NBW: “Meanwhile,” “Fleep” and “Double Happiness” all, I believe, were created at about the same time. They also seem to share a similar theme. A character either knowingly or unknowingly sets out on a quest for their identity. The results are at best complicated, at worst downright depressing. Am I right to read that into your work? Was there something in particular in that period that you were exploring, or was it a coincidence?

JS: I think your guess is as good as mine. Most authors I know don’t begin with a theme they want to explore and obfuscate it with a story. I think more often the case, we all just take our peculiar interests, sci-fi novels, other comics and our own weird perspective on the world and use those tools to write the greatest story we can. Honestly, I’d never thought that identity was very important to me. But since you point it out, it does seem to be a recurring theme.

NBW: Your visuals and stories appear pretty simple on the surface, but closer inspection reveals them to be quite complex. Was this something you thought about consciously? Were you ever into drawing more realistic looking characters?

JS: I try to draw the most appealing characters that I have the ability to draw. But I’m not very good at drawing realistic characters that retain the same level of appeal. For me it’s a learning process. I’ve gotten better at drawing over the years. But I like to think I’m still improving.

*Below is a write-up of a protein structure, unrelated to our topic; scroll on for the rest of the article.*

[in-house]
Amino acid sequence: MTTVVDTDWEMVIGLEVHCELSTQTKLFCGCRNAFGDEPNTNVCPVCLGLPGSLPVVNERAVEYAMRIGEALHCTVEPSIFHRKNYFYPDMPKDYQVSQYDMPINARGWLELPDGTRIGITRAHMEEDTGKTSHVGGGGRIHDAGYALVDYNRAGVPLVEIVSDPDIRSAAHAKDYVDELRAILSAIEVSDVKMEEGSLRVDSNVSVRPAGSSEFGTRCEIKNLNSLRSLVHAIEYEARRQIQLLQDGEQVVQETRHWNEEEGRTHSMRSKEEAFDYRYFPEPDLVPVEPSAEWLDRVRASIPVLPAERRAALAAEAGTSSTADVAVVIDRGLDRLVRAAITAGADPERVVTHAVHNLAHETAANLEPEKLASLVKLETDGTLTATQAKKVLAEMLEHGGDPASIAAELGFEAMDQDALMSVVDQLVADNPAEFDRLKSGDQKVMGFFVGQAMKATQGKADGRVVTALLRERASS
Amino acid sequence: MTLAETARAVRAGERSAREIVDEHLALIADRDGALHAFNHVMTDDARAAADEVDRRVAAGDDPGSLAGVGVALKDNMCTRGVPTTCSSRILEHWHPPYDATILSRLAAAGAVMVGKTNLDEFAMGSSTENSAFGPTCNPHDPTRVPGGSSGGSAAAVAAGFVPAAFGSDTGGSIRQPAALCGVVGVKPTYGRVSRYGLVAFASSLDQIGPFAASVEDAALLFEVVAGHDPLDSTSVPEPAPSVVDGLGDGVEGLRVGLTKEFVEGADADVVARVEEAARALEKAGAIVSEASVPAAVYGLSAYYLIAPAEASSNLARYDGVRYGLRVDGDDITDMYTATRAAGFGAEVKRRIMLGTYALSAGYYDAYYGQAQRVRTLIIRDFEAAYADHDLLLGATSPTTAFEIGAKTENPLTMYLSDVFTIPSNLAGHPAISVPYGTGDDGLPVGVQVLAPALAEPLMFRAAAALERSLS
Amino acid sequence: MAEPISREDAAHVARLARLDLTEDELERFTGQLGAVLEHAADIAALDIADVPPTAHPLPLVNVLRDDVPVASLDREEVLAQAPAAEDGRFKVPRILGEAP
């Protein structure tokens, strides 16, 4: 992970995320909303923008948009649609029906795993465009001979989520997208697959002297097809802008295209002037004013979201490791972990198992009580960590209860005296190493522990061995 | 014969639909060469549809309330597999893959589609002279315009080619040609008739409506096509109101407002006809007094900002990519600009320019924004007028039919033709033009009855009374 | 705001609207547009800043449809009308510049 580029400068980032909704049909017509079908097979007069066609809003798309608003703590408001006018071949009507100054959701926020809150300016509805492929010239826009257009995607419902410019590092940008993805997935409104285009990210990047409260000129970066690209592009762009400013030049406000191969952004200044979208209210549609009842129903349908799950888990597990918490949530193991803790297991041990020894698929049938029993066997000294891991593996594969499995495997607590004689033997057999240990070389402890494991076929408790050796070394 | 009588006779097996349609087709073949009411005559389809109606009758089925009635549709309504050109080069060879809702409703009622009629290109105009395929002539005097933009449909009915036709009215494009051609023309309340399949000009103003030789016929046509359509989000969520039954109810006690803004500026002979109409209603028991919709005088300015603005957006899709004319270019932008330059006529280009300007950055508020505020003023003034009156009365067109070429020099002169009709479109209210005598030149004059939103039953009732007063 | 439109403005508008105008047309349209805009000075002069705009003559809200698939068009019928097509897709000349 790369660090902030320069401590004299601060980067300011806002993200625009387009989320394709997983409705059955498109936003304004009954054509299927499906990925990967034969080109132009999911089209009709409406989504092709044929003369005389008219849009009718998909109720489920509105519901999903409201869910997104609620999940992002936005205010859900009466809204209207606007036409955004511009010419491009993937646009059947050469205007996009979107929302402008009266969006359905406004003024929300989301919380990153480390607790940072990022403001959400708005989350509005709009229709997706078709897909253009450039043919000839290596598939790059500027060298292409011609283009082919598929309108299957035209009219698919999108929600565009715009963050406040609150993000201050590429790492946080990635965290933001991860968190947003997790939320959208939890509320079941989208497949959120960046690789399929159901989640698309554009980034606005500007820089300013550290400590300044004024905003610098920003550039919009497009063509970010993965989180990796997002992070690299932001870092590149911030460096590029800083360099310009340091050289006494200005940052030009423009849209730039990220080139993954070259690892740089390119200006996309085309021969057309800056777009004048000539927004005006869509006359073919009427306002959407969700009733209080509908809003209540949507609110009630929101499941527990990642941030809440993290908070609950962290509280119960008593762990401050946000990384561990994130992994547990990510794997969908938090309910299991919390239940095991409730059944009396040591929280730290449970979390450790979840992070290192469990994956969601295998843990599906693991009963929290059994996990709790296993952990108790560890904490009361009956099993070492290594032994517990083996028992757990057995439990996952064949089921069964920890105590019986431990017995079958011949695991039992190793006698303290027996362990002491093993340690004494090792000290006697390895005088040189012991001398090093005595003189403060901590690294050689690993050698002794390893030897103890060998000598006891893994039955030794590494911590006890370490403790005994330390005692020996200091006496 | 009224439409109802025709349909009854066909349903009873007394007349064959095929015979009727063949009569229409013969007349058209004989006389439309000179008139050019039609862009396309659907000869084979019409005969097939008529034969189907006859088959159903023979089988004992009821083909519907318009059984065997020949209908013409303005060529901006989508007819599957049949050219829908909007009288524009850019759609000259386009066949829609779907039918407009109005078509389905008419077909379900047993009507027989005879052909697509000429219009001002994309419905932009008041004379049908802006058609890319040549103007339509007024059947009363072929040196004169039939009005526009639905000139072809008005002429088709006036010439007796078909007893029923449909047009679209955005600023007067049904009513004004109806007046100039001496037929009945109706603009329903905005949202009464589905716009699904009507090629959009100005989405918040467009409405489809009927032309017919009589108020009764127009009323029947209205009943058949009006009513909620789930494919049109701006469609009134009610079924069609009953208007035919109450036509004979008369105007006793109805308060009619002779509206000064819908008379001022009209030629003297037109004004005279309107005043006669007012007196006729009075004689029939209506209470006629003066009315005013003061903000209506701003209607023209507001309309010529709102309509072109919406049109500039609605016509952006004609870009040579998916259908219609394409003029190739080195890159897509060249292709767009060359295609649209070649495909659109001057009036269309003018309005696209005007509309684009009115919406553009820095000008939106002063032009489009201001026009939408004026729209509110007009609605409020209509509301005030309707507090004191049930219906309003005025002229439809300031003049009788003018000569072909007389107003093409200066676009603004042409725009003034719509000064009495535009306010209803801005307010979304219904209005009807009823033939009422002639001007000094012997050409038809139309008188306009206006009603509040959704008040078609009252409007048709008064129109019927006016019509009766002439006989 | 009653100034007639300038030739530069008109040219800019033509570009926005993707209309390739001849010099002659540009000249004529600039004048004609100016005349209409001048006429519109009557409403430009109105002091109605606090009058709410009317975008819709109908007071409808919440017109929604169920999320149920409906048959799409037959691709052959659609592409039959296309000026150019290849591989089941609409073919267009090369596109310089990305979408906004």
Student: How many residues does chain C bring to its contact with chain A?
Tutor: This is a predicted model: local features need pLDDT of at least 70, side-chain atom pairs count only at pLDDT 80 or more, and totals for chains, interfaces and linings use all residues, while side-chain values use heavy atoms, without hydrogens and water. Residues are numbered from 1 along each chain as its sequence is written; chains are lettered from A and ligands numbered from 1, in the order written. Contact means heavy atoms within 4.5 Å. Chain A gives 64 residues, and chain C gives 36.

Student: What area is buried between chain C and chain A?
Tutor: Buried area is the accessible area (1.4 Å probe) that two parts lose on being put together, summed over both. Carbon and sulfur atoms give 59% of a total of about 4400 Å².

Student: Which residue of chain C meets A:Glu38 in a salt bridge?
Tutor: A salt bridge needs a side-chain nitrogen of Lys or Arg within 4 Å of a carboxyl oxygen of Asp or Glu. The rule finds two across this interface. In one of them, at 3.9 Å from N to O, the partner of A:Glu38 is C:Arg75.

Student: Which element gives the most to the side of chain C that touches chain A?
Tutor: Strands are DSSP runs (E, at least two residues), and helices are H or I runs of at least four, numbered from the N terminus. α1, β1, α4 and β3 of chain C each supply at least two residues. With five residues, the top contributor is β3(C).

NBW: You’ve also created a video game (I assume) by yourself, among many other jobs that seem like they are not necessarily made for one man. Have you or would you ever participate in something more collaborative? Like illustrate a comic or video game written/produced by someone else?

JS: I do not like working with other people. There’s always a point in the process where I think we should go one direction, but my partner thinks we should go another and then we both have to compromise our visions. Comics  [are] the perfect medium for antisocial psychopaths like me. No, just kidding. One thing about comics is that they take such a long time to draw it seems insane that I would spend a year drawing someone else’s idea instead of my own.

NBW: I always assumed your characters were Asian, even though in many cases it was not explicitly stated (though in some cases, such as “Fleep” and “Double Happiness” it pretty much is). Are the characters in “Meanwhile” and “Bookhunter” supposed to ‘be something’ racially? I ask because of the recent “Airbender” controversy.

JS: They’re Asian. But that detail isn’t essential to the plot so I didn’t include that information. Do they ever mention in Harry Potter that he’s white? Unfortunately, I think most people will assume a character is white unless told otherwise. You could say, “A man walks into a bar…” and nine times out of 10 people will picture a white man walking into a bar. You could draw a smiley face and unless you make their eyes slanted, people will assume it’s a white man’s face. But there’s nothing white about two dots and a line. It’s just perception.